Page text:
The view could legally be devoured by single-family homes, but a developer wants much more on the property: 256 apartments. For the second time in a few months, Helt and her neighbors are battling an effort to rezone the semirural stretch of North Waukomis Drive.
Last September they appeared to have defeated the project. The Kansas City Plan Commission, an eight-member board appointed by the mayor, unanimously rejected the rezoning after a four-hour hearing with residents of the area, all of whom opposed the project because they saw it as too large.
But thanks to city councilman Paul Danaher, the development is back on track. Ultimately, the plan commission's ruling and the residents' wishes are secondary to the power of city hall.
On February 20, the land in question, zoned for single-family dwellings, will be considered for rezoning by the city council's planning, zoning and economic-development committee.
Residents have renewed their opposition. But many complain they have been unable to meet with the property owner, Diane McGuire, and their meetings with Danaher have left them feeling run around. "Why do you force the people who oppose this to go to multiple forums to defend their cause?" Helt says.
For years, the 47-acre parcel belonged to local businessman Max Flicker, who ran a furniture factory north of the river. In 1999, developer Joe McGuire bought 12 acres atop a small bluff, which he developed into homes. His ex-wife, Diane McGuire, a real-estate agent, purchased the remaining 35 acres a few months later. According to minutes of a plan-commission meeting last September, she intended to run the horse stables until she could devise a plan to sell or develop the site.
McGuire's neighbors say they don't oppose all new construction there, just that of multiunit housing. But McGuire says building single-family homes there wouldn't be economically feasible because she would have to sell thirty or forty lots at $80,000 to $100,000 each. "In that location no one is going to pay that," she says. A complex of apartments, however, has sufficient density to make the project profitable.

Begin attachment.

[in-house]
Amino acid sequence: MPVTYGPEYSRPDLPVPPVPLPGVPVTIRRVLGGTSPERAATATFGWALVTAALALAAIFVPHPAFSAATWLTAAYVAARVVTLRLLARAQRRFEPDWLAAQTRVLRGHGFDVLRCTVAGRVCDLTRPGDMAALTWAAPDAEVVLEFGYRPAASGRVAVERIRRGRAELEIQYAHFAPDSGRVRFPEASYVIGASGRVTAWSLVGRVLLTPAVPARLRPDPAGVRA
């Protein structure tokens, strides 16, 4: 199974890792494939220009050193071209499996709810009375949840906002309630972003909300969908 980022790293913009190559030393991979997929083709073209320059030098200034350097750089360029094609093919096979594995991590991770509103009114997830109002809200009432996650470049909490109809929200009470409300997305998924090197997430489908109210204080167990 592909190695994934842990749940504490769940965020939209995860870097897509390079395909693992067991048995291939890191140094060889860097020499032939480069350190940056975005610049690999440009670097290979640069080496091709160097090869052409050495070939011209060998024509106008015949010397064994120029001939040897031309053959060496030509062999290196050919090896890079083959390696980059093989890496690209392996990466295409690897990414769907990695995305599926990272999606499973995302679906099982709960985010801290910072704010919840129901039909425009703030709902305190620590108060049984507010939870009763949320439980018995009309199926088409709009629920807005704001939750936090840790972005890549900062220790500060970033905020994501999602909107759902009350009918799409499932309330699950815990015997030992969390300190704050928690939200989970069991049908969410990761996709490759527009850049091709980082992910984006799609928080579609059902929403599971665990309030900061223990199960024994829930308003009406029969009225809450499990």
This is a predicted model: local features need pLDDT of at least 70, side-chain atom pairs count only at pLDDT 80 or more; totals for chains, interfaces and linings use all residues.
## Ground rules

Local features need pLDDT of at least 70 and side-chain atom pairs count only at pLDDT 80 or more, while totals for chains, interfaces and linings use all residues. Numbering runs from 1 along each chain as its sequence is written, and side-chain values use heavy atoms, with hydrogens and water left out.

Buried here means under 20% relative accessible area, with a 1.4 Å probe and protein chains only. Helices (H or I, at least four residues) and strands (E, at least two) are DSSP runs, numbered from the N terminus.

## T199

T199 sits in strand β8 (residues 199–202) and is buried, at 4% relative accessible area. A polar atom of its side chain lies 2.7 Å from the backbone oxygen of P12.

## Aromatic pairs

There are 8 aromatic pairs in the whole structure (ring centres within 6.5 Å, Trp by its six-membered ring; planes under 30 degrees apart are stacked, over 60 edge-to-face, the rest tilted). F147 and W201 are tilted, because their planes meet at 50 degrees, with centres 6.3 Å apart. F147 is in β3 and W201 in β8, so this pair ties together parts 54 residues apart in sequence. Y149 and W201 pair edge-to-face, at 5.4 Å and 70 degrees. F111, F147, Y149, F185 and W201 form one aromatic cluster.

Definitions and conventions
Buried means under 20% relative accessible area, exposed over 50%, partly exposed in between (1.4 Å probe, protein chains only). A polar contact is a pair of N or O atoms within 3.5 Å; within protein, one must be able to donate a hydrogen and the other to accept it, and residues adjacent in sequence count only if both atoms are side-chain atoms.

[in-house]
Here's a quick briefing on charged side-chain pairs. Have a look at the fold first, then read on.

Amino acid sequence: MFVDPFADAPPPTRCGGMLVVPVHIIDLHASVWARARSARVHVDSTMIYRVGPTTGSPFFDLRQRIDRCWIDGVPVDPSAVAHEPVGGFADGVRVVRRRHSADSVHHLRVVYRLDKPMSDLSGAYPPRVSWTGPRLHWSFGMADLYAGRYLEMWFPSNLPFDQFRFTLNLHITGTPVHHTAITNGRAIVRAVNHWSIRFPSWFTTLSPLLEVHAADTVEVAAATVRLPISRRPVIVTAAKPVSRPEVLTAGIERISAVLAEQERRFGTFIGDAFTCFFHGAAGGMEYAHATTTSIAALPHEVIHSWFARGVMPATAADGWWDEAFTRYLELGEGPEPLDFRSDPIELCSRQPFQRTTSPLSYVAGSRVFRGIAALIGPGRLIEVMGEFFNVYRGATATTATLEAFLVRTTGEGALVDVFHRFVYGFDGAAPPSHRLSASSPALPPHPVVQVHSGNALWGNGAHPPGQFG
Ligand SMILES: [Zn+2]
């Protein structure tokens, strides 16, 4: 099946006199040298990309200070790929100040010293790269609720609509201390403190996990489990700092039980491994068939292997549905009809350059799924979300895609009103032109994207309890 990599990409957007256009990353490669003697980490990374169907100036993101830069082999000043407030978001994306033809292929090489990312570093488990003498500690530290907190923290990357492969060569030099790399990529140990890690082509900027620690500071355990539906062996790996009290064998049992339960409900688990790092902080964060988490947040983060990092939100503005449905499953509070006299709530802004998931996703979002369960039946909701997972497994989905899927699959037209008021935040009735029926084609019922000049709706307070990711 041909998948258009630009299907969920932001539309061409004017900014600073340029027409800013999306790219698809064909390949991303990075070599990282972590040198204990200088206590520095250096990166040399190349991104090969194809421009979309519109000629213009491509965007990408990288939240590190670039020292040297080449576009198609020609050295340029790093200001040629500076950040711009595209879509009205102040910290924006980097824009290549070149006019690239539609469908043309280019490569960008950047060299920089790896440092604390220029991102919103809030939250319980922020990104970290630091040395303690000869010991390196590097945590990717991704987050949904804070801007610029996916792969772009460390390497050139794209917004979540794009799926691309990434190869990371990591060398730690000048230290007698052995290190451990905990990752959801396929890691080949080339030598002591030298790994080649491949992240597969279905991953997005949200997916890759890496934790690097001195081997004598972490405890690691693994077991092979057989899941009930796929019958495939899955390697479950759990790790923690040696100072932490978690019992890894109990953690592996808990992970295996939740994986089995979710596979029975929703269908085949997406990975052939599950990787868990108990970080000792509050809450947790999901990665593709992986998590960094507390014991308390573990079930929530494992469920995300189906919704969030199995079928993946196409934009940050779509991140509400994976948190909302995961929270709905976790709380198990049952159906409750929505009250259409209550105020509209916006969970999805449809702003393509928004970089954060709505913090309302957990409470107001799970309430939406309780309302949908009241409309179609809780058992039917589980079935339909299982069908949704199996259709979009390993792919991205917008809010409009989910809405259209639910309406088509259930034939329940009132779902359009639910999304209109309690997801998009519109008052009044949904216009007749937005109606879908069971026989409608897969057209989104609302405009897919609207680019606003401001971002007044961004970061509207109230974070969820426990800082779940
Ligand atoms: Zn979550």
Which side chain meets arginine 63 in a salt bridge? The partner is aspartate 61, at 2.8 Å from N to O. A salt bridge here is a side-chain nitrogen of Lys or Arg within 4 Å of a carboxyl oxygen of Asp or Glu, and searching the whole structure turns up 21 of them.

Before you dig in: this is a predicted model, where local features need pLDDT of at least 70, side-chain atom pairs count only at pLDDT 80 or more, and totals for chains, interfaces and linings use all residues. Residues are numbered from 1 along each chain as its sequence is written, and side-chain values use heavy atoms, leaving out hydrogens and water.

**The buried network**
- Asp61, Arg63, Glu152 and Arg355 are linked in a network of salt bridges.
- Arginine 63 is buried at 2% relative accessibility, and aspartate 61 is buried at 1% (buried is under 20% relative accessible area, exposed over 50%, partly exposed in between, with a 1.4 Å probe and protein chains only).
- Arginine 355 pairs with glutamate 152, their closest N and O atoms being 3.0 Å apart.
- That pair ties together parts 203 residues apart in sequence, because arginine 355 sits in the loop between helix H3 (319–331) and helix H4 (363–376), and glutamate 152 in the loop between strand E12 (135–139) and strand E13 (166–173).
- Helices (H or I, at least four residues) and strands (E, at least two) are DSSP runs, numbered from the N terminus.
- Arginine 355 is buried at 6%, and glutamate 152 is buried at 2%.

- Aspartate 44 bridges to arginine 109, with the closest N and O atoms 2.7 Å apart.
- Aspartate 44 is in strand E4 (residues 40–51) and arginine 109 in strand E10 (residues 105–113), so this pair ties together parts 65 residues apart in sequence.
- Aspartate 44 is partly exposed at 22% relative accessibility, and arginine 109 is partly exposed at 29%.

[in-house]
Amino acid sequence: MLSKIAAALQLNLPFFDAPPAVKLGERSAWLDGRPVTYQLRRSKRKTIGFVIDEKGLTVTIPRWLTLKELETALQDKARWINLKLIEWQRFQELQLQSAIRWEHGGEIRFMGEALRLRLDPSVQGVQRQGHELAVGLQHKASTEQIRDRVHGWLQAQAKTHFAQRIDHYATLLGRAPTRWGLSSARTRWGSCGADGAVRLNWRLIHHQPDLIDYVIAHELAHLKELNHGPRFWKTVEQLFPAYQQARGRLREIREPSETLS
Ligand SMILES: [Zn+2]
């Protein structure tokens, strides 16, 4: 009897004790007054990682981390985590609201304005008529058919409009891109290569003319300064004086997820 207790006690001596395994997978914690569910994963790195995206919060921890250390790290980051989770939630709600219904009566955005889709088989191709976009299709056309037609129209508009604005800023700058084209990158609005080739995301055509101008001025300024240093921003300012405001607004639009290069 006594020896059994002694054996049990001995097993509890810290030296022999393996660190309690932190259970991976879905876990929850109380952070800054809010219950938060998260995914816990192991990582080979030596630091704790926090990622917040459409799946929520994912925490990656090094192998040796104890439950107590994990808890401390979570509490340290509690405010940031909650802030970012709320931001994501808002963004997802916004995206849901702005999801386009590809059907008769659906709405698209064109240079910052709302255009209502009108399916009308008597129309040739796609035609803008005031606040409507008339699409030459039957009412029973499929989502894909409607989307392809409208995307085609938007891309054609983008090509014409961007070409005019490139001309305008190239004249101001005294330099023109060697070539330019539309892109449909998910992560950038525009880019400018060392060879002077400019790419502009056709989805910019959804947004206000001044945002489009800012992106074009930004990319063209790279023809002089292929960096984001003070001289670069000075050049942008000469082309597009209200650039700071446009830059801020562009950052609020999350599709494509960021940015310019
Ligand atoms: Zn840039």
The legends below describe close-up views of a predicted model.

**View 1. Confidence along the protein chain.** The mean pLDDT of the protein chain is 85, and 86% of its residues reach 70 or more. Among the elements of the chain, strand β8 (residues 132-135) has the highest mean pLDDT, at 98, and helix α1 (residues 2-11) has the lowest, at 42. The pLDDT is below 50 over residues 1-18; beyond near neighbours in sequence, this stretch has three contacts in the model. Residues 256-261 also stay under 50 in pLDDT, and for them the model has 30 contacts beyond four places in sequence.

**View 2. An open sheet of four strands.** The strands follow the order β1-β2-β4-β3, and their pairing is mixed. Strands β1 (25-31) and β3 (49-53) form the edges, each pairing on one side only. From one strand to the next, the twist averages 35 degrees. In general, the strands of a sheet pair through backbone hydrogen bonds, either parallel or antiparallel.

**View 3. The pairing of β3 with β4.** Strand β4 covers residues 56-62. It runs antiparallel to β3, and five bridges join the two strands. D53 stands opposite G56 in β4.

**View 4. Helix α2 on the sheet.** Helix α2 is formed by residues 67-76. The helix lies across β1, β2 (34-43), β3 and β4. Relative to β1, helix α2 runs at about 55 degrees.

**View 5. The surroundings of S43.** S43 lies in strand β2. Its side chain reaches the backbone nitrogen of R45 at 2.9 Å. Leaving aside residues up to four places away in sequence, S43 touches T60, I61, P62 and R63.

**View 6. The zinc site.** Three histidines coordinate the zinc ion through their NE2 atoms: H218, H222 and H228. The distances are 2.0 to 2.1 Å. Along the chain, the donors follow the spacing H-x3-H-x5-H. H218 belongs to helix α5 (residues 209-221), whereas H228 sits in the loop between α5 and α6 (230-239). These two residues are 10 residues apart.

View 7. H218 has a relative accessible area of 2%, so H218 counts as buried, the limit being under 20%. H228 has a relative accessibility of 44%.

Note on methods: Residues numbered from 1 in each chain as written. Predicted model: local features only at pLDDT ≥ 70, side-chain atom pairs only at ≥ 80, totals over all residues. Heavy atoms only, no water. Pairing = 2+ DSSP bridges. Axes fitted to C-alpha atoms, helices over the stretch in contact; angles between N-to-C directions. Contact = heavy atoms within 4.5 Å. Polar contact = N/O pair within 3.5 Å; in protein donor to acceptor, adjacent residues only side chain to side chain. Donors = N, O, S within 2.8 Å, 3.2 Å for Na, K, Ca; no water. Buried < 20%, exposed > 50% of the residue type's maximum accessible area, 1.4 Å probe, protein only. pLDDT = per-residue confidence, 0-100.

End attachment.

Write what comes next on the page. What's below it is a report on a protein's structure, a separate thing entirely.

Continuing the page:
Diane McGuire says she has been a real estate agent for twenty years. "I sell real estate in the area. I'm not about to cut my own throat," she says.
The apartment buildings, according to the plan commission's September 2001 minutes, will likely have brick fronts. They will also be market rate; rent for a three-bedroom unit is projected to run as high as $1,000 a month. Although McGuire doesn't think the homeowners objecting to her plans are being unreasonable, she says, "what I'm asking to do is not unreasonable, either."
Under city ordinance, once a development proposal has been denied by the commission, a developer can revise the plan and pay $1,000 to resubmit it. A developer can also resubmit the plan unaltered after one year. And city council members can revive proposals themselves. McGuire took the third option and contacted Danaher. "What I did after that was strictly protocol," she says.
"These are just the steps in place for fifty years," Danaher says. "That's one of the steps available to the developer." Still, the council usually upholds the plan commission's decision. In this case, the council must also weigh the recommendation of yet another committee, the paid staff members of the city's planning department -- who recommended the apartment project.